Advocate Health Care officials received a verbal lashing Tuesday from several upset aldermen during a public hearing on Advocate’s plan to slash services at its West Side hospital.

Advocate, a tax-exempt, non-profit health care provider, announced in the media Jan. 11, that it was closing basic services at Bethany Hospital, 3435 W. Van Buren, and converting the facility to a long-term care center.

But officials didn’t tell West Side aldermen about the plan until 48 hours before making the news public. That move and other decisions made by Oak Brook-based Advocate caused alderman on the health committee to fume.

“You did not care enough or respect us enough to call my office,” said committee Chair Ed Smith (28th Ward).

Advocate Health Care President James Skogsbergh along with other Advocate officials testified Tuesday that not calling aldermen and other community leaders ahead of time was “a serious error.” But he also testified that talks of shuttering Bethany’s services began at Advocate in September 2005, and that the decision to go forward with service cuts was made as late as November 2005, which drew even more fire from aldermen.

“You’ve been working on this thing for nine months and didn’t say a word?” said Smith. “That’s total disrespect. Had this not been my ward and had this been a ward up north some place, you never would have done that. You would have gone to that alderman and tell them what you’re doing.”

Each response from alderman drew cheers from the city council chamber gallery where close to a hundred West Side residents and activists were seated. Members from ACORN and the South Austin Coalition arrived prior to the 1 p.m. hearing in buses and vans, with signs and buttons saying “Save Bethany Hospital.”

Tax-exempt status questioned

Advocate plans to turn the 125-bed West Side hospital into a care facility for acute patients. Other services, including its emergency room, closed this month. Advocate officials made the move, claiming that Bethany annually loses millions.

Officials testified Tuesday that Advocate’s board of directors did a conversion study in September 2005.

Skogsbergh said that Advocate remained committed to providing charitable care to the West Side.

“I say your mission has changed,” said Ald. Joseph Moore (49th). “You’re going to be serving only a segment of the population. So if you’re going to do that, you need to be honest.”

Advocate said Bethany Hospital lost $17 million in 2005 and roughly the same amount the previous year. When asked about its profits, Skogsbergh testified that Bethany recorded $49 million in operational income in 2005 and another $100 million from investment income. He also testified that Advocate provided $28 million in charitable care last year.

Moore charged that Bethany is looking to make money while reducing costs at the expense of low-income residents.

Advocate officials testifying were sketchy on the system’s previous profits, which drew a sarcastic response from Ald. Manuel Flores (1st).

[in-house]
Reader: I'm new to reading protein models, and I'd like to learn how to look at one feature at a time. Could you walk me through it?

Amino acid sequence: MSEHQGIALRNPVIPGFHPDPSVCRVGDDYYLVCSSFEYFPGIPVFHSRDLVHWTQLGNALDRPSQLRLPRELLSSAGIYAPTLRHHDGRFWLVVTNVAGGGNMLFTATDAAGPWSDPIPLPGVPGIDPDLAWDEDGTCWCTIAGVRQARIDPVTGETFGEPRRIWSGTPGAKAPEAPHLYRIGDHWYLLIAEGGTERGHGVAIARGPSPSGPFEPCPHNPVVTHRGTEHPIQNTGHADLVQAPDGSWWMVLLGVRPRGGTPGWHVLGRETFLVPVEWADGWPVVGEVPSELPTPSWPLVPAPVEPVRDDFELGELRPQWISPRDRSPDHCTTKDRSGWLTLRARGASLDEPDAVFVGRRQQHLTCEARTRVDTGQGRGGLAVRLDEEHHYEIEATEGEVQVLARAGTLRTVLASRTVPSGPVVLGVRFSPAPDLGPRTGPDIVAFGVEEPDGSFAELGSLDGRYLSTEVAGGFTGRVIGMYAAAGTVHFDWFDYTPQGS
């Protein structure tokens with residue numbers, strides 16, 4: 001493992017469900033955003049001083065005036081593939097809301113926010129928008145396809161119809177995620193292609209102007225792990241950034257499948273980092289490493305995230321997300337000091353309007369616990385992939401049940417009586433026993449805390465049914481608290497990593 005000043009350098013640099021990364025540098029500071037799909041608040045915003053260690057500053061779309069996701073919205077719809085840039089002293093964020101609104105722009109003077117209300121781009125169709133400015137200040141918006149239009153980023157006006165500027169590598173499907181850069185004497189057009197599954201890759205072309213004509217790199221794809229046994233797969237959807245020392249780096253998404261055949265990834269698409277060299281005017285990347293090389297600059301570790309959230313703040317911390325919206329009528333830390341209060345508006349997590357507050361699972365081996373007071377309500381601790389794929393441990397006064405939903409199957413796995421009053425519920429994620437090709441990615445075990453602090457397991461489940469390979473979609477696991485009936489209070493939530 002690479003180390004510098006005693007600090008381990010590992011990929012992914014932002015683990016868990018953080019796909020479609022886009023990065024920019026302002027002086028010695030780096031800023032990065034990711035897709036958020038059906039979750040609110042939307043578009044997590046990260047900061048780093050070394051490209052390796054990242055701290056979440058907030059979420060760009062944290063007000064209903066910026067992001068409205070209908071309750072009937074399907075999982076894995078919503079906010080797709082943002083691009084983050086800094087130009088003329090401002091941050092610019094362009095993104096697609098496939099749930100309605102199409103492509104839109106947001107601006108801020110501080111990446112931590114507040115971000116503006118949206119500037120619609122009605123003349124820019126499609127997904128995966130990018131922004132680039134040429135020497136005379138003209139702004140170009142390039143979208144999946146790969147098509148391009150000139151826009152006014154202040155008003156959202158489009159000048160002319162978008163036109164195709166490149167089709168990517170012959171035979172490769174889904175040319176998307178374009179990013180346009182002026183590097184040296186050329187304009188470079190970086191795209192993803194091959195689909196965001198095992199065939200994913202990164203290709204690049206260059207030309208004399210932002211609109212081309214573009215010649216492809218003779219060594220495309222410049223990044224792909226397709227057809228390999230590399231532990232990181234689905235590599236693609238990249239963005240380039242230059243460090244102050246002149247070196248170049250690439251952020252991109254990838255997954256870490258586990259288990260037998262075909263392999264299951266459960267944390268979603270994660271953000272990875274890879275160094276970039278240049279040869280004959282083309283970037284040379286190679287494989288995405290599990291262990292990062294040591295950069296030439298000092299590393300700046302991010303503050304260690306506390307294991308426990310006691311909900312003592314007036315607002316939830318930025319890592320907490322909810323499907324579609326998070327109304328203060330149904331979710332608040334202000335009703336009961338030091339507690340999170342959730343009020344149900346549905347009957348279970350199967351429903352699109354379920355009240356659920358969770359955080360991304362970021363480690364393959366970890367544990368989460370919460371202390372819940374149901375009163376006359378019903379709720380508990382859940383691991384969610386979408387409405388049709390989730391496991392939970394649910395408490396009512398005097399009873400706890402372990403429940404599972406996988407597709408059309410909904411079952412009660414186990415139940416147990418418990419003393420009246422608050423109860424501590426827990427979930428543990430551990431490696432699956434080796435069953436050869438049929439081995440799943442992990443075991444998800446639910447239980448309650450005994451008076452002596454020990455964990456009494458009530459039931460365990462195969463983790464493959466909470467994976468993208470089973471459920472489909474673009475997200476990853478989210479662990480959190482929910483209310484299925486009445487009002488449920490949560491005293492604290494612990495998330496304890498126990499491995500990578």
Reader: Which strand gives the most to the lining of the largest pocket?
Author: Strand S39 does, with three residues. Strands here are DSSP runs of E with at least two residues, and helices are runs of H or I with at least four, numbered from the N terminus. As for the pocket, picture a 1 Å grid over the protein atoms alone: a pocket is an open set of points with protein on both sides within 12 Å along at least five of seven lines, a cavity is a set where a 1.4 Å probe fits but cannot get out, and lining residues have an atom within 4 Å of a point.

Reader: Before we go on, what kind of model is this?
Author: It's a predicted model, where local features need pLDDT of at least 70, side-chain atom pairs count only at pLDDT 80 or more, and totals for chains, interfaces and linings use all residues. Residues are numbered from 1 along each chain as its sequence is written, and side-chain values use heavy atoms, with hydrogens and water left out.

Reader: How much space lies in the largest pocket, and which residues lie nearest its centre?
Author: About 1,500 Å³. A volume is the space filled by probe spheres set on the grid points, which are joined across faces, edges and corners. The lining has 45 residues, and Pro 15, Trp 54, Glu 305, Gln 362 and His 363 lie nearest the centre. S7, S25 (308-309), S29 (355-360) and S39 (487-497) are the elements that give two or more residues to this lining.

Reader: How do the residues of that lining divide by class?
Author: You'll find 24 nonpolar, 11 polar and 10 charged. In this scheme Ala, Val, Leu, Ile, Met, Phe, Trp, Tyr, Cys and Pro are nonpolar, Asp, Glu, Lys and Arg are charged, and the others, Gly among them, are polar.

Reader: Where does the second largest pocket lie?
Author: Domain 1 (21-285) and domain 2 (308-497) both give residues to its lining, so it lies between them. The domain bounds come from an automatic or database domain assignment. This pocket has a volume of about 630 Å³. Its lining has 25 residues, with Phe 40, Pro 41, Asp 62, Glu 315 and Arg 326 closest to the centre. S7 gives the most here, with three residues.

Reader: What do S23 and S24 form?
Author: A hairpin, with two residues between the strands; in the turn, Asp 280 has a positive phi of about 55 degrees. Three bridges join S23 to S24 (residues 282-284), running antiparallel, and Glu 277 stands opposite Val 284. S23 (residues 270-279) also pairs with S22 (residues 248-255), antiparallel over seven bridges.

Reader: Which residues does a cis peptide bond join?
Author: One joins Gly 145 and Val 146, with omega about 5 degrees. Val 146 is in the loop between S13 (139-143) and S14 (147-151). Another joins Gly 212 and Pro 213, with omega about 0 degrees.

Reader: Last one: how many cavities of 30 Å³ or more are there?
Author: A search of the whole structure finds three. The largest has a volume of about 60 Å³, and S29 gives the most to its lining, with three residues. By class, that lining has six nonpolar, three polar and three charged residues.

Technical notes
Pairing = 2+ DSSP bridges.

“When you don’t know how much money you’re making, then maybe that’s the problem,” he said, further criticizing officials for their lack of communication.

Advocate submitted an application to city and state officials for a change of service at Bethany’s ER as early as January, said Bethany Hospital President Lena Dobbs-Johnson, who testified Tuesday.

Bethany’s ER closed at noon on Feb. 11. North Lawndale resident Kina Smith arrived just 15 minutes prior with her 15-year-old son who had a broken toe. She said hospital officials turned people away after shutting the doors at noon.

“If I had gotten to the emergency room 20 minutes later, the emergency room would not have saved my child,” she said. “They locked the doors at 12 o’clock and said no more patients can come into the emergency room.”

Stealth community health fund

Aldermen Tuesday were equally upset at Advocate’s offer to establish a $10 million community health fund to provide grant funding for community health providers?”another decision aldermen and residents knew nothing about. Advocate officials, however, met with a number of Austin and West ministers in a meeting at its Oak Brook headquarters on Friday Feb. 3. In a letter sent to Pastor Greg Livingston, dated Feb. 6, and signed by Skogsbergh, the CEO outlined the fund and thanked the West Side ministers for the meeting.

Livingston said he made the letter public at community meetings to get residents’ reactions.

“I asked the community what they thought and they told us?”this is not enough,” said Livingston, pastor of Mandell United Methodist Church.

Livingston told the Austin Weekly News a day before the meeting that he and other pastors were contacted about the fund shortly after Advocate’s Jan. 11, service cuts announcement. He said that he and other ministers were “going to hear what they had to say.”

Livingston didn’t testify, but other West Side ministers did, claiming they were being used by Advocate to stem public criticism.

“If the community had not come out on King Day and blew the lid off about everything that was happening we wouldn’t be having this hearing here today,” said Livingston after the hearing.